Date of Award

3-30-2010

Degree Type

Closed Dissertation

Degree Name

Doctor of Philosophy (PhD)

Department

Biology

First Advisor

Teryl K. Frey - Committee Chair

Second Advisor

Chung-Dar Lu - Committee Member

Third Advisor

Margo Brinton - Committee Member

Fourth Advisor

Ritu Aneja - Committee Member

Abstract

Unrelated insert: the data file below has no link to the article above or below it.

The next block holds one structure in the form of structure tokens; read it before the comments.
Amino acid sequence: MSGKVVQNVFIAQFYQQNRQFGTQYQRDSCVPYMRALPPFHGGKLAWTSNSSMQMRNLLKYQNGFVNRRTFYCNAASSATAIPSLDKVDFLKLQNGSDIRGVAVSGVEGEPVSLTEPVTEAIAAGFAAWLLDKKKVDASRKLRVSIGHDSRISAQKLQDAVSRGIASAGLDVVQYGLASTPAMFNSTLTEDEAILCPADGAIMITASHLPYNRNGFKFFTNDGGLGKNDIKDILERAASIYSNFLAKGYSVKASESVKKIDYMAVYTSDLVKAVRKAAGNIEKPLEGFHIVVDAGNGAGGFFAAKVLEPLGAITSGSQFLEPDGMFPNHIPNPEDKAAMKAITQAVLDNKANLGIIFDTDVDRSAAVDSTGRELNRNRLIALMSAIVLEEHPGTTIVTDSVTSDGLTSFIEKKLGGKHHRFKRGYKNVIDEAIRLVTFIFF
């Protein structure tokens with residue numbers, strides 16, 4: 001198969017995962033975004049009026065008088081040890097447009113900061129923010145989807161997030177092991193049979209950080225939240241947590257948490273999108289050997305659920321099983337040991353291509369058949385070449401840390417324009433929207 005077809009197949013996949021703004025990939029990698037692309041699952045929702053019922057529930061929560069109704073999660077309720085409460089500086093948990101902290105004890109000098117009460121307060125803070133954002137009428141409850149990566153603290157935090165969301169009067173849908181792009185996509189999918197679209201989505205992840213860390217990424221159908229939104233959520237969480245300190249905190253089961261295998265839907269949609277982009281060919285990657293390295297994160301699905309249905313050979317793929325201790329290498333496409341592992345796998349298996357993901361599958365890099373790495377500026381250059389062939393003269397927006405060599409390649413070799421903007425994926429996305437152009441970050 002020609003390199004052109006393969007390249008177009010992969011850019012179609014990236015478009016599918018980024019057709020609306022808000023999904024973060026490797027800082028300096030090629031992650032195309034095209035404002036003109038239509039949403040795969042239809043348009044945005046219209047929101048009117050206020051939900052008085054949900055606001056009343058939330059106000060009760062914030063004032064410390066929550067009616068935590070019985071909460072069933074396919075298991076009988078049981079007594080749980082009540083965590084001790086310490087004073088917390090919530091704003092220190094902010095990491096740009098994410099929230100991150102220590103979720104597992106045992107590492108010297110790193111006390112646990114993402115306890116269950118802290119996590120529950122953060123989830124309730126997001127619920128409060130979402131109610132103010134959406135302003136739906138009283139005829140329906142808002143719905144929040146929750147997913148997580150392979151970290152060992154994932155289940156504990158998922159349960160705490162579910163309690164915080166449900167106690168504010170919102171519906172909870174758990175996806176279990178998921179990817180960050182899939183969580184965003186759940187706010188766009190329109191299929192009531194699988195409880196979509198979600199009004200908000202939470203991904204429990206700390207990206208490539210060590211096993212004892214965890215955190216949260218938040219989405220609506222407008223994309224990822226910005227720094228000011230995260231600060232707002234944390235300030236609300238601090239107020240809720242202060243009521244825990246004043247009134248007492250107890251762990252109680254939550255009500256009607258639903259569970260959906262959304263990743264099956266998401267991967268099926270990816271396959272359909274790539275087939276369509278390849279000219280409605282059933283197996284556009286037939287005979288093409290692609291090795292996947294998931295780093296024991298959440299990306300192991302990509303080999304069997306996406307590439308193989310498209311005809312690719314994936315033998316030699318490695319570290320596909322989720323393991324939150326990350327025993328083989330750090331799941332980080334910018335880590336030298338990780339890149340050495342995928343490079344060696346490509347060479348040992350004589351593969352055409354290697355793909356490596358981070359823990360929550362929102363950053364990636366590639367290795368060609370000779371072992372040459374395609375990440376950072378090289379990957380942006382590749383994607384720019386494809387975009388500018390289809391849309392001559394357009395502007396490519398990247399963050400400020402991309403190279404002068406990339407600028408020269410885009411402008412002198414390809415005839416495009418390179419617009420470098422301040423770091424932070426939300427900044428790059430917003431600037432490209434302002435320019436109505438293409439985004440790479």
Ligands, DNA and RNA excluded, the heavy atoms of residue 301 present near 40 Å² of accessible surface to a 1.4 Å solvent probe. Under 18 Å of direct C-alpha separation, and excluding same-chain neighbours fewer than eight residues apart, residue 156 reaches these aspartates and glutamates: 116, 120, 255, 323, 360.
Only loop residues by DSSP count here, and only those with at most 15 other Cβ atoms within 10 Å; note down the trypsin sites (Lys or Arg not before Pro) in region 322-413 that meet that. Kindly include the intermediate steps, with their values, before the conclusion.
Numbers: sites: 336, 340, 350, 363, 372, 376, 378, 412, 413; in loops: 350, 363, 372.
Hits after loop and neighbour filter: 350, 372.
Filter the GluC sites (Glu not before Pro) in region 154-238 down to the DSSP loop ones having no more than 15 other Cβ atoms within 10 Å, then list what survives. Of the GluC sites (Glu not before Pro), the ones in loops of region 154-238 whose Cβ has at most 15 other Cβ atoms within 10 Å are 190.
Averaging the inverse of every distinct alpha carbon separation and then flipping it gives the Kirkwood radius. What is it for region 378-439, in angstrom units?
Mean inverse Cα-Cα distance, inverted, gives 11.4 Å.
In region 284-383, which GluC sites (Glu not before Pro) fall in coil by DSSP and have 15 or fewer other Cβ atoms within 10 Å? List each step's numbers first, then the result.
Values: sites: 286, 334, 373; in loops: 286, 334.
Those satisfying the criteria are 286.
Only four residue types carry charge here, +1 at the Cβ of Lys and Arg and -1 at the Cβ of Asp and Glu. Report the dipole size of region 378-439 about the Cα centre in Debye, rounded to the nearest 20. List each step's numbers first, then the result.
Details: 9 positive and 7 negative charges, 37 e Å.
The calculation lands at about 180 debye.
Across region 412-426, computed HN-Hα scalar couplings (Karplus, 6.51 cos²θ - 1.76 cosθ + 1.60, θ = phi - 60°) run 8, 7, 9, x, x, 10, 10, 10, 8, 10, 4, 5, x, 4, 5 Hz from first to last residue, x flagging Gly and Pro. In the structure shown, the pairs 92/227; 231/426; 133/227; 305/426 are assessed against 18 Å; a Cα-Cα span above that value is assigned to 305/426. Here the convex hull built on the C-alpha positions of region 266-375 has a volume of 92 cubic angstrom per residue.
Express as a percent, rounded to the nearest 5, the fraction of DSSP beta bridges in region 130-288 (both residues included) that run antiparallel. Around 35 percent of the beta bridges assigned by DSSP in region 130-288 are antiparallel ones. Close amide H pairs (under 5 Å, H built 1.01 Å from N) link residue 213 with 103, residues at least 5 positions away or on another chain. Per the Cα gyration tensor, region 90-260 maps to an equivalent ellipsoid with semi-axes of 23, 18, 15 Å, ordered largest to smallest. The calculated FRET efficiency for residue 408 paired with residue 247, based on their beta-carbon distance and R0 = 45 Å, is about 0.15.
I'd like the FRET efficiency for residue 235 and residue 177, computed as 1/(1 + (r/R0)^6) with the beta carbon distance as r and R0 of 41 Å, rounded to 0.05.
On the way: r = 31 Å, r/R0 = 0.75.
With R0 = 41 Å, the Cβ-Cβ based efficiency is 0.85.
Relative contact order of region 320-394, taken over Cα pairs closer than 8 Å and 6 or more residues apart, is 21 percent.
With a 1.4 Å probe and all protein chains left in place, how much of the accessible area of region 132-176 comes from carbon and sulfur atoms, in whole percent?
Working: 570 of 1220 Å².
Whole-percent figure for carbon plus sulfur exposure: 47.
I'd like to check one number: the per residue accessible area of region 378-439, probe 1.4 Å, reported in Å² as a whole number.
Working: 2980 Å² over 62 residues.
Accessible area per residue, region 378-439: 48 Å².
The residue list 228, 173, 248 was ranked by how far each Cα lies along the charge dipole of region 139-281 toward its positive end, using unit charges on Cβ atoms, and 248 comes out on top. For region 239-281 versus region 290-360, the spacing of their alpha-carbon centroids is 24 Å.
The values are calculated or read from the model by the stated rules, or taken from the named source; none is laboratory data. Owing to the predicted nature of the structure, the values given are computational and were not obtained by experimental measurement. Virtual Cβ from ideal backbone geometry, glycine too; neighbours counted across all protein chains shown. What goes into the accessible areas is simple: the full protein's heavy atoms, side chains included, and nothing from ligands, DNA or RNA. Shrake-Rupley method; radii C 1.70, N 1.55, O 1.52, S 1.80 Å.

Rubella virus (RUBV) is a positive-strand RNA virus and the causative agent of rubella and congenital rubella syndrome in humans. To replicate its RNA, RUBV forms membrane-associated spherules, called replication complexes (RCs), the induction of which requires the two virus nonstructural proteins (NSPs), P150 and P90. Interestingly, late in infection the NSPs form a unique cytoplasmic fiber network, similar in appearance to microtubules, the function of which is unknown. Little is known about the roles of the RUBV NSPs in forming these structures and, to this end, we scrutinized the behavior and biochemical properties of the NSPs, both after expression from plasmids and during RUBV infection, using mutagenic, biochemical and pharmacological approaches. The following findings were made: First, the precursor from which P150 and P90 are produced via an embedded protease at the C-terminus of P150, called P200, was required for initial targeting to cytoplasmic foci. P150 was the determinant of fiber formation and while P90 had no specific targeting sequences on its own, P90 sequences within P200 were required for correct targeting of P200. An alpha-helix at the N-terminus of P150 was also important for correct targeting of P200, putatively by mediating the interaction between P150 and P90 within the precursor. Second, the membrane binding domain within the NSPs was within the N-terminal ~450 amino acids of P150. P150 is in an exceptionally tight association with membranes. Third, both the N- and C-terminal regions of P150, and specifically long alpha-helices within these regions, are necessary for fiber formation. Fiber formation relied on an intact microtubule network, but neither microtubule repositioning nor dynamic movement along microtubules was required. Additionally, it was shown that microtubules were not necessary in RUBV replication. Finally, P150 fibers were not required for RUBV replication; however, it was shown that the fibers are likely important in formation of cytoplasmic extensions through which a novel system of cell-to-cell transport of viral RNA in the absence of virus particles appears to occur.

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